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The Real-Time Consequences of COVID: Finding Balance in the Crisis

Francesco Grigoli and Damiano Sandri

October 8, 2020

One of the lasting lessons from the COVID-19 pandemic is that a lasting economic recovery will necessarily require resolving the health crisis.

Our study presented in the latest edition of the World Economic Outlook shows that the lockdowns decided by the public authorities, while having achieved the objective of reducing contamination, strongly contributed to the recession and had disproportionate effects on vulnerable groups , like women and young people. However, a large part of the recession was also due to people who voluntarily refrained from social interactions for fear of contagion. Lifting lockdowns is therefore unlikely to provide a decisive and lasting boost to the economy if contamination remains high, as voluntary physical distancing seems set to persist.

Yet the analysis concludes that it is possible to reconcile protecting public health with preventing prolonged economic decline. While containment has short-term costs, it can lead to a faster economic recovery because it reduces contamination, and therefore the extent of physical distancing chosen. It will be important to conduct research on the medium-term effects of containments and the robustness of our findings as the pandemic evolves and the body of available data expands.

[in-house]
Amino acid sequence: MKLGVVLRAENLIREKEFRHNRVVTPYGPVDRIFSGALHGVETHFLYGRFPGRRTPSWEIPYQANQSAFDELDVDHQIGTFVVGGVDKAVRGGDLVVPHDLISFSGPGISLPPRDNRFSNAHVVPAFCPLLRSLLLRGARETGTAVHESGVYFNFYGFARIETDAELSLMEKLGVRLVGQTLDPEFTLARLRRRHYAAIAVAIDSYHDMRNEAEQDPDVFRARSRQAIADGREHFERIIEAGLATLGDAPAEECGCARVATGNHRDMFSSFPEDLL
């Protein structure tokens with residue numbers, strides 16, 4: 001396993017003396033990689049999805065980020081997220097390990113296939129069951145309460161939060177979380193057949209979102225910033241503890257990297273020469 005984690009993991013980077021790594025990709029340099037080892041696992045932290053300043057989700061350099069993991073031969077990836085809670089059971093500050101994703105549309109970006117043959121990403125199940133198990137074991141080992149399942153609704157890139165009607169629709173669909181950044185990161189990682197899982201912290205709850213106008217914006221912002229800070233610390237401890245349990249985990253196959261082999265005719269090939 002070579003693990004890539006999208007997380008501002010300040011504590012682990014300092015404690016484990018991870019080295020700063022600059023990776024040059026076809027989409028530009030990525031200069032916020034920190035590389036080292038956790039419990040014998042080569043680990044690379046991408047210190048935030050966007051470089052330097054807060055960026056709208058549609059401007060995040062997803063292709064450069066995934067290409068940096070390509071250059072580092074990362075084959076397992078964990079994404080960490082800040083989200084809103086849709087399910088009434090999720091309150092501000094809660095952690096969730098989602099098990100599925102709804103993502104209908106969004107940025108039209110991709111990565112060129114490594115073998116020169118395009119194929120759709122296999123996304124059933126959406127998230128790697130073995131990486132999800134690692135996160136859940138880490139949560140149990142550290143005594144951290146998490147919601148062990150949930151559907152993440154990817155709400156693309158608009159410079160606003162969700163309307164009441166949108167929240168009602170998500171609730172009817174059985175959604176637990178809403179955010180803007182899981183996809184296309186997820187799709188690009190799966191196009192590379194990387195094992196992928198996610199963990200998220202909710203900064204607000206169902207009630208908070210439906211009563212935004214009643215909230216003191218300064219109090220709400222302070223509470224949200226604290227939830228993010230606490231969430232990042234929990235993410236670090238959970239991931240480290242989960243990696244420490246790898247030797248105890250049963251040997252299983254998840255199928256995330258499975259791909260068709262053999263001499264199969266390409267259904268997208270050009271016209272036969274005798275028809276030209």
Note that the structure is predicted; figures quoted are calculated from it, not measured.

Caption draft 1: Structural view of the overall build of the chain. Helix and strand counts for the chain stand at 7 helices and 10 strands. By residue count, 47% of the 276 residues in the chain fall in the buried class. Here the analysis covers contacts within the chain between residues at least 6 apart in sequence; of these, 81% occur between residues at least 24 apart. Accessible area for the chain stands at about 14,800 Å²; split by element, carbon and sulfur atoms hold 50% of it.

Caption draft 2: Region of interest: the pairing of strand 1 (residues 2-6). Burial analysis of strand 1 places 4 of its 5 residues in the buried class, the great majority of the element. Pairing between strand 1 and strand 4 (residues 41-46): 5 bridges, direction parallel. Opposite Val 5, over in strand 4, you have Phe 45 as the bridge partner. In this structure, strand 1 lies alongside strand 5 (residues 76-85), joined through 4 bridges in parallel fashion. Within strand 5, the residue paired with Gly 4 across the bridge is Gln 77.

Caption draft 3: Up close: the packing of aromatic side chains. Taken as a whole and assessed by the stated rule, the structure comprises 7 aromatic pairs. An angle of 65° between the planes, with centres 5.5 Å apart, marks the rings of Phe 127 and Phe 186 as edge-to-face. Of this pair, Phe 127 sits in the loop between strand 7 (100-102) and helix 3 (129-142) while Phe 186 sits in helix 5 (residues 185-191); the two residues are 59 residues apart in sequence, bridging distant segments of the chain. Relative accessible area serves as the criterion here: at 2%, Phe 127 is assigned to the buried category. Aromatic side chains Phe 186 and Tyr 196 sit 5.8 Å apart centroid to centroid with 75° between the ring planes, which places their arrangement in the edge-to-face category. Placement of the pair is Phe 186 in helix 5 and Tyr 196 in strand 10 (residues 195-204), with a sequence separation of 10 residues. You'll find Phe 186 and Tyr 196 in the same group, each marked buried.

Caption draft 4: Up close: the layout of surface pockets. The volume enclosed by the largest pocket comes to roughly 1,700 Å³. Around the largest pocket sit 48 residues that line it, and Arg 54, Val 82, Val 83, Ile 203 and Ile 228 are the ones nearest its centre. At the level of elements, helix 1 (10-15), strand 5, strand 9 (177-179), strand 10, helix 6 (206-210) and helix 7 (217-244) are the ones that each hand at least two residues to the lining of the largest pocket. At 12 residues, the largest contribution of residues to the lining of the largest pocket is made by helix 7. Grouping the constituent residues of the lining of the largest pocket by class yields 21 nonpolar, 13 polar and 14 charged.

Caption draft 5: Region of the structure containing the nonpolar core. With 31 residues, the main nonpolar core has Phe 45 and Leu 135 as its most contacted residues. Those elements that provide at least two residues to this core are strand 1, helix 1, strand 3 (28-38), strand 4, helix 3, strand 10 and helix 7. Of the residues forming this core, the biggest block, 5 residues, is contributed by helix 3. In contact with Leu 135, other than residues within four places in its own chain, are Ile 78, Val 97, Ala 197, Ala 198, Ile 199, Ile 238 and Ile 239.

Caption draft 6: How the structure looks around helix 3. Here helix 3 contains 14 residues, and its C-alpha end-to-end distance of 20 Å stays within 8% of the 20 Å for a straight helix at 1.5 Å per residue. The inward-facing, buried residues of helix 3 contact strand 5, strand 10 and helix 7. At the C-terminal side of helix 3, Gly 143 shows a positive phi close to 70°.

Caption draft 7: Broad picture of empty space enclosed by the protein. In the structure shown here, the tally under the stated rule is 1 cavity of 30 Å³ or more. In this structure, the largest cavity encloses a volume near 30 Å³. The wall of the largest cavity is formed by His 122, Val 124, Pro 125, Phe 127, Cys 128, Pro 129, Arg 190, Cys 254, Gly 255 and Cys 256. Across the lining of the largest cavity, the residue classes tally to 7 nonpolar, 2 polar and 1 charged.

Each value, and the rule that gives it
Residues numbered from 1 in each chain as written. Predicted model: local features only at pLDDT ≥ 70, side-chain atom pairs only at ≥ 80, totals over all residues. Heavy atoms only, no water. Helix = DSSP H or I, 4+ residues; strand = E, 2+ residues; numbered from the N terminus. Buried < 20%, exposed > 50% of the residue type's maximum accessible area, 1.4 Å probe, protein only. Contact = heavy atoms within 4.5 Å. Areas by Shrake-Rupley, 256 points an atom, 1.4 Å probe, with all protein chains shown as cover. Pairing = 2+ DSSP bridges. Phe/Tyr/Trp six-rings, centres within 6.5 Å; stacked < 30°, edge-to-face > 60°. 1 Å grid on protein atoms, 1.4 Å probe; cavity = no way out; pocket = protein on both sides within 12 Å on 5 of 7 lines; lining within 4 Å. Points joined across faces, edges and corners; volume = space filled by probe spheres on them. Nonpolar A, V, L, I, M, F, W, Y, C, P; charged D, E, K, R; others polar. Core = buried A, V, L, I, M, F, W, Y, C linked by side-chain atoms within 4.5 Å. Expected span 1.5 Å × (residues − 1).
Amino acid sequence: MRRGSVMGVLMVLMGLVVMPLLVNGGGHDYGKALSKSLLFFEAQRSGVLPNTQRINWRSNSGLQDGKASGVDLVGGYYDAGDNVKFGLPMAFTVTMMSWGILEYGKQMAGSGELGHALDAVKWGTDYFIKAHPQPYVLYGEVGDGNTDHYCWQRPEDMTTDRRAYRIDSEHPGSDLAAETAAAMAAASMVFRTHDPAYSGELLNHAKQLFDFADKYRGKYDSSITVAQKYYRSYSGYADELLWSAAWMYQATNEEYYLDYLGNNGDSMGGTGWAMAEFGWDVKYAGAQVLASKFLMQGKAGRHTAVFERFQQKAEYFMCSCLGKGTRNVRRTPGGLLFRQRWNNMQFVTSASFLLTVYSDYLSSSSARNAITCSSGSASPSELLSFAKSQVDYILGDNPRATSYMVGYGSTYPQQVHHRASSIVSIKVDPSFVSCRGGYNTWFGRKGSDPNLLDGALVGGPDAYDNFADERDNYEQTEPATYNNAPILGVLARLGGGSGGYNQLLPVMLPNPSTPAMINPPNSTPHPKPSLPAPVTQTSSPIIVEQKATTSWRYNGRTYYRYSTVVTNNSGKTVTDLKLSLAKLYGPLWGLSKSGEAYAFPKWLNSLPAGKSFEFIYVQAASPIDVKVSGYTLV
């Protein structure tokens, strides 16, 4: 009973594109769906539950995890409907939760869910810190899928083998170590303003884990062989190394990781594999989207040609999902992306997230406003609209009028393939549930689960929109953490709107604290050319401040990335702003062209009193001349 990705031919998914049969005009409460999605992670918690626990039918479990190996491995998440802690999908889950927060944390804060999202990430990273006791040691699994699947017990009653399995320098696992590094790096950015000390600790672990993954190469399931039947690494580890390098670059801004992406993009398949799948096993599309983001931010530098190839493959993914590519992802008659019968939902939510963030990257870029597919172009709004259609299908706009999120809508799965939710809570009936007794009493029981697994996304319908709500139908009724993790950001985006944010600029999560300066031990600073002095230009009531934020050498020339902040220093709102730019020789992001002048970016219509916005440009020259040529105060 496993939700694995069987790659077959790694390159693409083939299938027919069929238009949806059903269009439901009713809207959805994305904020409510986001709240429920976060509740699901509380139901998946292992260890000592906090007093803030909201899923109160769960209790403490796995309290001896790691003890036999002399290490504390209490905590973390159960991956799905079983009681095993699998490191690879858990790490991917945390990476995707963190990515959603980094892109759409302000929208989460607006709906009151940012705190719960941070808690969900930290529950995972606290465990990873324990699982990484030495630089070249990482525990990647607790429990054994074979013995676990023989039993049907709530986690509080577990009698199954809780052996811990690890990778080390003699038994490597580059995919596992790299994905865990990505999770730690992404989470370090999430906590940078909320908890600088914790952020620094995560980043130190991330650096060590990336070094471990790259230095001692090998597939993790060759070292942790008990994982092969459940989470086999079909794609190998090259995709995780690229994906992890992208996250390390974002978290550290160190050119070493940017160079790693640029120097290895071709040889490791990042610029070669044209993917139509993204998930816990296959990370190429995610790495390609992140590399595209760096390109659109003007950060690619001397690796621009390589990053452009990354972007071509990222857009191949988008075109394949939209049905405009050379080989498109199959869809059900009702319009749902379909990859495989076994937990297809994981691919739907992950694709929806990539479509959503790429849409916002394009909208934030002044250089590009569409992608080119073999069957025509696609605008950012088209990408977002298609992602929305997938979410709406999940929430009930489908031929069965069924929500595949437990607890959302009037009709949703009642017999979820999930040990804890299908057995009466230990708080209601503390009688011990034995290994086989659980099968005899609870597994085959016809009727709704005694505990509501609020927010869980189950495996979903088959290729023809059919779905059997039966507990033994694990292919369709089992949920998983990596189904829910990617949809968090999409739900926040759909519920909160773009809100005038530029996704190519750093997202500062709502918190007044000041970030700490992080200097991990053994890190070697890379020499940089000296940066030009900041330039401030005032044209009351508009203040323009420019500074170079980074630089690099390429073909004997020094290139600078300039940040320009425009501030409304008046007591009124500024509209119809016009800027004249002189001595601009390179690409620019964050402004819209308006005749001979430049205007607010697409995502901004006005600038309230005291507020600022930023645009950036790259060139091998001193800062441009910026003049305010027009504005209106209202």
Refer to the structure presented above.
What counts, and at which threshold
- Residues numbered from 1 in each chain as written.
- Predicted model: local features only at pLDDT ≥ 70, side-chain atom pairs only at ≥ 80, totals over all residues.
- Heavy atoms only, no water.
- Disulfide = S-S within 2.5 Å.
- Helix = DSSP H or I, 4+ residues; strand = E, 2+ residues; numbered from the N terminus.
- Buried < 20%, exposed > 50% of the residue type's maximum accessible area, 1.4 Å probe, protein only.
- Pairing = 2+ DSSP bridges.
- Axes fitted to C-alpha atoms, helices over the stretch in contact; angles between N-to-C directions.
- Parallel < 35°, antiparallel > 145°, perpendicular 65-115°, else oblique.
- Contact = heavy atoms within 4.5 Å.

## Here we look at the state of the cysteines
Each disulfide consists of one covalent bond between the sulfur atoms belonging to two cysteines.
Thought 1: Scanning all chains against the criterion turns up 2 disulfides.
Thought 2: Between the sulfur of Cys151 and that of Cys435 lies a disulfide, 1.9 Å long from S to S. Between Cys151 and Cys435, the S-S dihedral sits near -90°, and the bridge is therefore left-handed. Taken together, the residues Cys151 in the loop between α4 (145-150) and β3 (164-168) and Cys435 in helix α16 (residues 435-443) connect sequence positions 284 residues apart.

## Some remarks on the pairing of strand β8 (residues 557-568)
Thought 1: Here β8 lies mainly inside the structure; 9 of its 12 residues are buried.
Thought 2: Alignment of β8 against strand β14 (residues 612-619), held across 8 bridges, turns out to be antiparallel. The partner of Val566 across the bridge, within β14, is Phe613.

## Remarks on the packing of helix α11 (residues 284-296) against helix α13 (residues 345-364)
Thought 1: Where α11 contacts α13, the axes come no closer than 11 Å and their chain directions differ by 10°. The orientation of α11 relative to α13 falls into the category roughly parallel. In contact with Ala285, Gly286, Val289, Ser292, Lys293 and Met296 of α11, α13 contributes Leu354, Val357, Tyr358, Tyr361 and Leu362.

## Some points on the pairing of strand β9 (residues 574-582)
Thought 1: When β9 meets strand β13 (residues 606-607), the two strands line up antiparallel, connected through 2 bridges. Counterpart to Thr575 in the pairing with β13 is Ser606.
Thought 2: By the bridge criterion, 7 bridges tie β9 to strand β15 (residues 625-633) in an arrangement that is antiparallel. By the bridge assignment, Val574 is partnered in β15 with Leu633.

The economic and health crisis through the prism of real-time data

We analyze the economic effects of lockdowns and voluntary physical distancing using two common variables representative of economic activity: Google mobility data and job postings posted on the Indeed website. As shown in the first graph below, out of the entire sample of 128 countries covered in the analysis, confinements and voluntary physical distancing contributed equally to the drop in mobility during the first three months. of the epidemic in a country. The contribution of voluntary physical distancing has been greatest in advanced countries, where individuals find it easier to telecommute or can even afford to stop working thanks to their savings and social security benefits. In low-income countries, on the other hand, individuals rarely have the option of choosing physical distancing because they cannot afford a temporary loss of income. The analysis of data relating to job vacancies provides similar insights; it shows that confinements and voluntary physical distancing have greatly contributed to the drop in demand for labor.

The strong contribution of voluntary physical distancing to the decline in mobility and job offers must warn managers against lifting the confinement when contamination is still high in the hope of a rapid start to activity. economic. Controlling health risks appears to be a prerequisite for a vigorous and lasting economic recovery.

In this regard, the analysis reveals that containment can significantly reduce contamination. The effects are particularly noticeable if they start early in the epidemic. The second graph shows that the epidemiological evolution has been significantly better in the countries which declared containment when the cases of COVID-19 were still low than in those which intervened when the cases were already numerous. The chapter also shows that containment must be strict enough to curb contamination, suggesting that strict and short-term containment may be preferable to more flexible and prolonged measures.